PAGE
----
I was booked to teach a special two-hour session for Kuroten Karate’s founder and her son. We focused on stand-up fighting, using boxing, kickboxing and muay Thai. After a brief warm-up, we covered footwork from boxing. On the request of my client, I taught angling off and circling out to exit from combinations.
I explained differences between most conventional boxing and the peek-a-boo style. The peek-a-boo style arguably lends itself best to martial arts cross training due to the fact it doesn’t use a bladed stance but a square on posture. Muay Thai and wrestling both favour the hips facing towards an opponent. The problem with fighting square-on in boxing is the large volume of punches a boxer is likely to face. A bladed stance reduces the target area and can allow for swifter footwork. However, bladed stances are prone to leg kicks, ankle picks and single leg shoots. Peek-a-boo gets its name from the classic guard Cus D’Amato introduced where boxing gloves are held under the eyes, protecting the nose, however, modern variations use a level high guard. This guard is similiar if not identical to many used in Muay Thai. However, in order to compensate for the large target area and reduced footwork flexibility, the peek-a-boo boxer requires swift, adaptable, fluid and flexible upper body mobility. Slipping, ducking, rolling and pull-backs becomes tight, intricate patterns of constant movement as the peek-a-boo fighter moves towards their opponent. They also need to be aware of double-jabs and to time side-to-side slipping when making this approach.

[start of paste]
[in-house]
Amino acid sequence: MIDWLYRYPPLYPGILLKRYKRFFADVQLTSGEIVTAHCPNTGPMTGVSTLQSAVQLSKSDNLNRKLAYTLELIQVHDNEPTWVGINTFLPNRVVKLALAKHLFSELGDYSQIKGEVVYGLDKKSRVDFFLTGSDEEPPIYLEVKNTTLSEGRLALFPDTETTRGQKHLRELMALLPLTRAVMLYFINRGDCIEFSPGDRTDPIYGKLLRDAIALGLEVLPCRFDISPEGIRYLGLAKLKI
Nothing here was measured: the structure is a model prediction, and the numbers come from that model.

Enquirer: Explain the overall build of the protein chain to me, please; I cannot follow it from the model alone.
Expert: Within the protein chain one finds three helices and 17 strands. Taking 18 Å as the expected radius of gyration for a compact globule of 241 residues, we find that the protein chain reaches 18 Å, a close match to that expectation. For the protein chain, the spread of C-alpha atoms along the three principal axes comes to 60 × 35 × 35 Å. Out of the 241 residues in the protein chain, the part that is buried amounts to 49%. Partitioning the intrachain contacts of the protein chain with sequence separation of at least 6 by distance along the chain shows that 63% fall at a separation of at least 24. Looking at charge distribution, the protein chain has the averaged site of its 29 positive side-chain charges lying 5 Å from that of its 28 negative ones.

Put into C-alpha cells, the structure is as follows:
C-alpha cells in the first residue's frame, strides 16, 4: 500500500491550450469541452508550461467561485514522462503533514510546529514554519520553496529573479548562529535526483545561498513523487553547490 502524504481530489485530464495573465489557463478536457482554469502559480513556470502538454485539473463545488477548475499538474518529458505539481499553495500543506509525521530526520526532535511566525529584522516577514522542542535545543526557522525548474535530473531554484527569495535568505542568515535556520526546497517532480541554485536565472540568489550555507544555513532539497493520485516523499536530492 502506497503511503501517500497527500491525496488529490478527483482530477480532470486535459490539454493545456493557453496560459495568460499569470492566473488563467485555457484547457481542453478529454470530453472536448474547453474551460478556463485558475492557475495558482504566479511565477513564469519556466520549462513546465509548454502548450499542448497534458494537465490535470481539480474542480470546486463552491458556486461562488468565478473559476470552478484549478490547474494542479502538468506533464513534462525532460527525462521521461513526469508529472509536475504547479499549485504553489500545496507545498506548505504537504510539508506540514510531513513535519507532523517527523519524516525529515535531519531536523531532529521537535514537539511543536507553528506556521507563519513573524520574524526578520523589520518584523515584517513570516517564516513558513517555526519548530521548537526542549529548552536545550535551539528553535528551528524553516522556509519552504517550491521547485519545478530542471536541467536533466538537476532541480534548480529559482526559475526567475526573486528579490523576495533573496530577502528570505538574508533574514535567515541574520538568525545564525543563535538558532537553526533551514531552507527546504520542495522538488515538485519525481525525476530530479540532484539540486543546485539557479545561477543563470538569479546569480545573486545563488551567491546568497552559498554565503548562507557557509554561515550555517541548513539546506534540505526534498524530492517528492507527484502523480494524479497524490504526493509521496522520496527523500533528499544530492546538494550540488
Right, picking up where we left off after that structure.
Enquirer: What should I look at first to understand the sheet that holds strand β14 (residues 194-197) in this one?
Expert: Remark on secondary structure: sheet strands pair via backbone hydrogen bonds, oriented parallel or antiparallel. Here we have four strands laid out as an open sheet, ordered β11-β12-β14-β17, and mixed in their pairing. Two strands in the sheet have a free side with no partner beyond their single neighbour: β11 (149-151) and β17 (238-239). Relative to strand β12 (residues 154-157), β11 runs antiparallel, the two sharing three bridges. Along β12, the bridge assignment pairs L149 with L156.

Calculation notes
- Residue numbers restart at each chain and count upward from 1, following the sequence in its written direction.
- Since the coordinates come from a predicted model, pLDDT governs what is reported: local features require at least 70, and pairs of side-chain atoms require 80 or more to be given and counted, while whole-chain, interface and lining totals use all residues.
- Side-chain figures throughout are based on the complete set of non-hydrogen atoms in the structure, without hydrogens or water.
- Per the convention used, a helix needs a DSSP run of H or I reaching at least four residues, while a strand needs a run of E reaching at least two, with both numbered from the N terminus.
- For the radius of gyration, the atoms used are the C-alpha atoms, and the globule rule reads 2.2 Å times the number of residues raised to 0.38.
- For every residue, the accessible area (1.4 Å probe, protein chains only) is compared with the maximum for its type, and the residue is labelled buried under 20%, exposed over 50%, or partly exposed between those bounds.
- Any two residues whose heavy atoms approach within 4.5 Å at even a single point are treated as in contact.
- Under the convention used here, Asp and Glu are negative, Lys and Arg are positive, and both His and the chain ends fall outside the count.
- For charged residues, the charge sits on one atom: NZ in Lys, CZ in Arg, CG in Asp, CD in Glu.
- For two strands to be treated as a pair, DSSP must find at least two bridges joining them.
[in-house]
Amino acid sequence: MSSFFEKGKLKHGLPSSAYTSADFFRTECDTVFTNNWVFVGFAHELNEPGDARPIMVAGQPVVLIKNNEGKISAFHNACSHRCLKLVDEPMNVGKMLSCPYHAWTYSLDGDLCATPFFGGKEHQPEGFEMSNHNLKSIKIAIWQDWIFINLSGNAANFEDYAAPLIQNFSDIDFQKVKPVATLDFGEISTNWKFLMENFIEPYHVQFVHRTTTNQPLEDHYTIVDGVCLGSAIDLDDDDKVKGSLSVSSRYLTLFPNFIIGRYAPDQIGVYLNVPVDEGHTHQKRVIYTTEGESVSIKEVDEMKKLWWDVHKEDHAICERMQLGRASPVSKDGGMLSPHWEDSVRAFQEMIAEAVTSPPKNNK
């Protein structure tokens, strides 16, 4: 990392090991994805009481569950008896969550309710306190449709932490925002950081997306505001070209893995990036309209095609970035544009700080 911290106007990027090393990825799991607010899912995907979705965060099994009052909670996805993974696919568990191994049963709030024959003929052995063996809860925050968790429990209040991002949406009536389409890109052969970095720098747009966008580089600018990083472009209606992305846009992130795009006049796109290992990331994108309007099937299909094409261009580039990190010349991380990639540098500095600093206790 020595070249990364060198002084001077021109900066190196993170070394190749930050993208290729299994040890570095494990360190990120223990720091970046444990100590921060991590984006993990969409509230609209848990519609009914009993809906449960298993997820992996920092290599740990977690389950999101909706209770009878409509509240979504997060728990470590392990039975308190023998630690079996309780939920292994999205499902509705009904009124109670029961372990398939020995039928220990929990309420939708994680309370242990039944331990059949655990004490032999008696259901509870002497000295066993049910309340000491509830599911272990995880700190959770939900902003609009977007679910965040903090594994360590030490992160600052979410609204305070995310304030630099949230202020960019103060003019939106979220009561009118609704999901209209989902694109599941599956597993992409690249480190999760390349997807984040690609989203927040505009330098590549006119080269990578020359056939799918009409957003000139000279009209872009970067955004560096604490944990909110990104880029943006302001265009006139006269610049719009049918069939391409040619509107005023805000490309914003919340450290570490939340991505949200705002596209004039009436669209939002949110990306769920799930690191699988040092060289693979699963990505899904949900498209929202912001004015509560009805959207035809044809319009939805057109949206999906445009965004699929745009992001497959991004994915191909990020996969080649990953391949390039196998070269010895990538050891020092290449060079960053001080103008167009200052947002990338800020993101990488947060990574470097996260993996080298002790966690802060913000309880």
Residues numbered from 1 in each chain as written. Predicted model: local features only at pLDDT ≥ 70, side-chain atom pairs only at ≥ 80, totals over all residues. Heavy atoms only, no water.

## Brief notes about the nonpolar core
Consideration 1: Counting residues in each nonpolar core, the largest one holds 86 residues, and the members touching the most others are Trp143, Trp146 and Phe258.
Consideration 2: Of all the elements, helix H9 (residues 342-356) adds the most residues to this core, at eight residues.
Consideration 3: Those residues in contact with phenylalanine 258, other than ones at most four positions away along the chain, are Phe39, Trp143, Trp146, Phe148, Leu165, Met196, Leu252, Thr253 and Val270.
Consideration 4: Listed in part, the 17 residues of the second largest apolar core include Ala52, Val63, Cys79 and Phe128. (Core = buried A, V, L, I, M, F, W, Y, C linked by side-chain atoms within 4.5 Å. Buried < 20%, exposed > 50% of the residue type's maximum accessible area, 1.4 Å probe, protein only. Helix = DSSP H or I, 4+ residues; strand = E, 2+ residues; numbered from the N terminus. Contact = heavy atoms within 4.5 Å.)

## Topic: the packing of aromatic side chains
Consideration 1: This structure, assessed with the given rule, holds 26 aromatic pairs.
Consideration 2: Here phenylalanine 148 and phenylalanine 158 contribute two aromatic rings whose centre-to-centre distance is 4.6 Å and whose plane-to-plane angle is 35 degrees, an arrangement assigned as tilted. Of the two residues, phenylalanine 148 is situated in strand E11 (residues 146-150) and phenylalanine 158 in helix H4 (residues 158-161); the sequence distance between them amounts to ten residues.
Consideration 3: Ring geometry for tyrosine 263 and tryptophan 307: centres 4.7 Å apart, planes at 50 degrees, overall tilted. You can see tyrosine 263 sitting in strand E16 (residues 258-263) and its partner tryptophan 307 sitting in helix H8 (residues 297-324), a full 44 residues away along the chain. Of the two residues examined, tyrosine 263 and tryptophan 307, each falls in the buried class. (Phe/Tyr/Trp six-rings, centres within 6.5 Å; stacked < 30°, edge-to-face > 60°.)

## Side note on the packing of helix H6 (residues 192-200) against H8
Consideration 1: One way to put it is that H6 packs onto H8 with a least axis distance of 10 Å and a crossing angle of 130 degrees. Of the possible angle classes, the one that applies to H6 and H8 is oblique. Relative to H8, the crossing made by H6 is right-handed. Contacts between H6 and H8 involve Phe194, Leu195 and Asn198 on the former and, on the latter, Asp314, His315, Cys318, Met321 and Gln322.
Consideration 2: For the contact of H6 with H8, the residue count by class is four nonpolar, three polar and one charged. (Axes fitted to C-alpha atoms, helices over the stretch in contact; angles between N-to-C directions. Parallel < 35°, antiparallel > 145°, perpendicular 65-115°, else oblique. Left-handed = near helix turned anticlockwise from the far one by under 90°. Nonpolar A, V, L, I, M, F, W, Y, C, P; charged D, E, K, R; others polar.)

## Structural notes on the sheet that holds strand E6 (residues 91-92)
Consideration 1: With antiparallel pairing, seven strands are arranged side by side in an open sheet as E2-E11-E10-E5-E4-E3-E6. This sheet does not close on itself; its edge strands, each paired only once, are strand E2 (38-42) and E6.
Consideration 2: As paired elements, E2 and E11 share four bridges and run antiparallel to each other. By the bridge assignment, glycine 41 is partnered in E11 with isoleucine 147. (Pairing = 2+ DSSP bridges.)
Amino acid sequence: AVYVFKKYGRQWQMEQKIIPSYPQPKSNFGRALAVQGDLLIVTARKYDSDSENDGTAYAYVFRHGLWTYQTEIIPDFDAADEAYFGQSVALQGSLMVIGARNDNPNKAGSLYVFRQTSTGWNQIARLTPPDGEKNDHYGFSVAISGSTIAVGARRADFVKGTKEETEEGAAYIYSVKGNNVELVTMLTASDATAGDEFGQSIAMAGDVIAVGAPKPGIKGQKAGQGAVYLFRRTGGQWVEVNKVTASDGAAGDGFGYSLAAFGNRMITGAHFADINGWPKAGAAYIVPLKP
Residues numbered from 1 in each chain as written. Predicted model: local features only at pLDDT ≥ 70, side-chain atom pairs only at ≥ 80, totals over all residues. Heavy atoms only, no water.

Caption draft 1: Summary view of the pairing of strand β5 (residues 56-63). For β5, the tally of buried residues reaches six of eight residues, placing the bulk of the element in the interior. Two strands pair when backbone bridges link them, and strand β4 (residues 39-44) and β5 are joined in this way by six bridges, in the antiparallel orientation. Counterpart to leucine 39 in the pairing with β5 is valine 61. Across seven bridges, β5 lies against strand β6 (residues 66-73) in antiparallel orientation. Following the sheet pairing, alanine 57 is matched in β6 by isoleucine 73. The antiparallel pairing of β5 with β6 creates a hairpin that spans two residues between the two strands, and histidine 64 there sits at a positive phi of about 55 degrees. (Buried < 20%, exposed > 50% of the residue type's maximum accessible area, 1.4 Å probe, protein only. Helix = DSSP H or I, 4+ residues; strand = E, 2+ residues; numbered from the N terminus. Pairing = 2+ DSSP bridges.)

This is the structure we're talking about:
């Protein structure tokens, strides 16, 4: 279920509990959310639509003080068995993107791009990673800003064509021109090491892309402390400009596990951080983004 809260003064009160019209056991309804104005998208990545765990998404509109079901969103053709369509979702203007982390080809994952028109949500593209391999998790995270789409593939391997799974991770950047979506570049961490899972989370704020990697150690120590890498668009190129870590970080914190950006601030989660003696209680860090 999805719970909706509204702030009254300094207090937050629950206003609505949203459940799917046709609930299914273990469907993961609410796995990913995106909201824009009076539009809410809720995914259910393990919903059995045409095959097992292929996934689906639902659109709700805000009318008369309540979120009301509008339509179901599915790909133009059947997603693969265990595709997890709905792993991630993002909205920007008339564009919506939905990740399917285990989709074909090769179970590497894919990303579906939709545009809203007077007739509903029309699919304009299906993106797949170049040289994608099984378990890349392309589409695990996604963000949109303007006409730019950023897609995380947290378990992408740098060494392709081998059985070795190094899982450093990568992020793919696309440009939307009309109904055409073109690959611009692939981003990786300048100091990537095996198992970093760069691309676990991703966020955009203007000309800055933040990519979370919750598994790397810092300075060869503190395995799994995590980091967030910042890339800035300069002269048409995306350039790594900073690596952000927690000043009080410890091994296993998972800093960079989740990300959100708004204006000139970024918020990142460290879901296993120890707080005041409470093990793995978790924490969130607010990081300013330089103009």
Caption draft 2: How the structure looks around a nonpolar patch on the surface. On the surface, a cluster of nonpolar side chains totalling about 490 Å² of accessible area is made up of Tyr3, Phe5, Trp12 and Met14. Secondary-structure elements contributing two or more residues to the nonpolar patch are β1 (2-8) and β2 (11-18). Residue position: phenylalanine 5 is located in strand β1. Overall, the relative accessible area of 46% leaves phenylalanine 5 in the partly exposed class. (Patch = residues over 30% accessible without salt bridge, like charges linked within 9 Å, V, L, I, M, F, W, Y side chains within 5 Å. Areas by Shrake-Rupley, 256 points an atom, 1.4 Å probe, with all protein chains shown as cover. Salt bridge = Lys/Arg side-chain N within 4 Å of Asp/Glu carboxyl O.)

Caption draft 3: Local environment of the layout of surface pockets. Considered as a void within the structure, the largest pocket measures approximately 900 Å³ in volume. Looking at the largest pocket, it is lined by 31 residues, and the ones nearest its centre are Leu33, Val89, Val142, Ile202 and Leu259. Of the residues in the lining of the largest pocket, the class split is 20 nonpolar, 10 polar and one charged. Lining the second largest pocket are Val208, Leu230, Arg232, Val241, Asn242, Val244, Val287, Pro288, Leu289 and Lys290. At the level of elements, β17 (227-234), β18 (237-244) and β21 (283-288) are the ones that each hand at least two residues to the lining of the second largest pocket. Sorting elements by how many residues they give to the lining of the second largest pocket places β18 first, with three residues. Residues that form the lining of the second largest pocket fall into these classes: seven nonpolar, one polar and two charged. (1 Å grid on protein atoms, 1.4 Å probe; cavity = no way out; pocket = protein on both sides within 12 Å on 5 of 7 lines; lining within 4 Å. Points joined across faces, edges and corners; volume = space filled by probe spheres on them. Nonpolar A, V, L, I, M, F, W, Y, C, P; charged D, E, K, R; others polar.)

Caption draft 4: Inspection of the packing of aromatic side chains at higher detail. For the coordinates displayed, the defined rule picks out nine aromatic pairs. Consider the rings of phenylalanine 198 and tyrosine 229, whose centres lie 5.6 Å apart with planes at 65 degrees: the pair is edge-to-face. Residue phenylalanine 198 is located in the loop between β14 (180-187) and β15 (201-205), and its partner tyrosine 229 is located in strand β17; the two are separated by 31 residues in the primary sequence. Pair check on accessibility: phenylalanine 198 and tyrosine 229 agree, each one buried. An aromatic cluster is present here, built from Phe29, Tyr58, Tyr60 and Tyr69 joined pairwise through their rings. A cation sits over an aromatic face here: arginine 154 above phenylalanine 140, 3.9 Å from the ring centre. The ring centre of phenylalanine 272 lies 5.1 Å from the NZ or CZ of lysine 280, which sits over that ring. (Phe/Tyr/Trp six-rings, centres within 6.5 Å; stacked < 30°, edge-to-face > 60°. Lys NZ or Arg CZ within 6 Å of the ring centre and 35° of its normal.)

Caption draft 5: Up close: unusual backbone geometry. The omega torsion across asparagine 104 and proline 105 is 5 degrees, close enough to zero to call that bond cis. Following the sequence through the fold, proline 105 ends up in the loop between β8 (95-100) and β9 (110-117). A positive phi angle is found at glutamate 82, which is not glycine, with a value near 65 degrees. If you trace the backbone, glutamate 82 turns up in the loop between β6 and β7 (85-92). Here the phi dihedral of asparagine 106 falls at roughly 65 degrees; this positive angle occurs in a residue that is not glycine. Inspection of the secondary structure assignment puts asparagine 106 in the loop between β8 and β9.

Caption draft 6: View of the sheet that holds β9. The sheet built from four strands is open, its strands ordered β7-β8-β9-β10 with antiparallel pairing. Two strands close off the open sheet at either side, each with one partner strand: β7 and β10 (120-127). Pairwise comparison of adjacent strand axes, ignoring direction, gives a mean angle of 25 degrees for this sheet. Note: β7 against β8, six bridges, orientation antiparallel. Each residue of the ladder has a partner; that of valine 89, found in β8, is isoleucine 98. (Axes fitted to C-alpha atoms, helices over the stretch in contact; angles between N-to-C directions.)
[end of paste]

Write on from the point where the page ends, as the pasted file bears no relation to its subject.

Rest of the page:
Circling out is a good behaviour for all fighters, but it is more pronounced in boxing. As one fighter taught me, going backwards isn’t always an option. We drilled double-jabbing to circle out to throw a straight right and double-jabbing to circle in throw a left hook. This was followed by 3 x 2 minute rounds each of flash pads, defence only and flash/defence on boxing.
Moving into Muay Thai I layered in shin-check, round kicks to the body and head, and teeps. We looked at the Dutch kickboxing way of setting up heavy kicks with punching combinations and tagging on kicks to punches. I discussed the differences between the Thai round kick and the karate style. Thai emphasises the power coming from the hip rather than the knee, and it also encourages steps rather than pivots. This was followed with 2 x 3 minute rounds of muay Thai pad-work.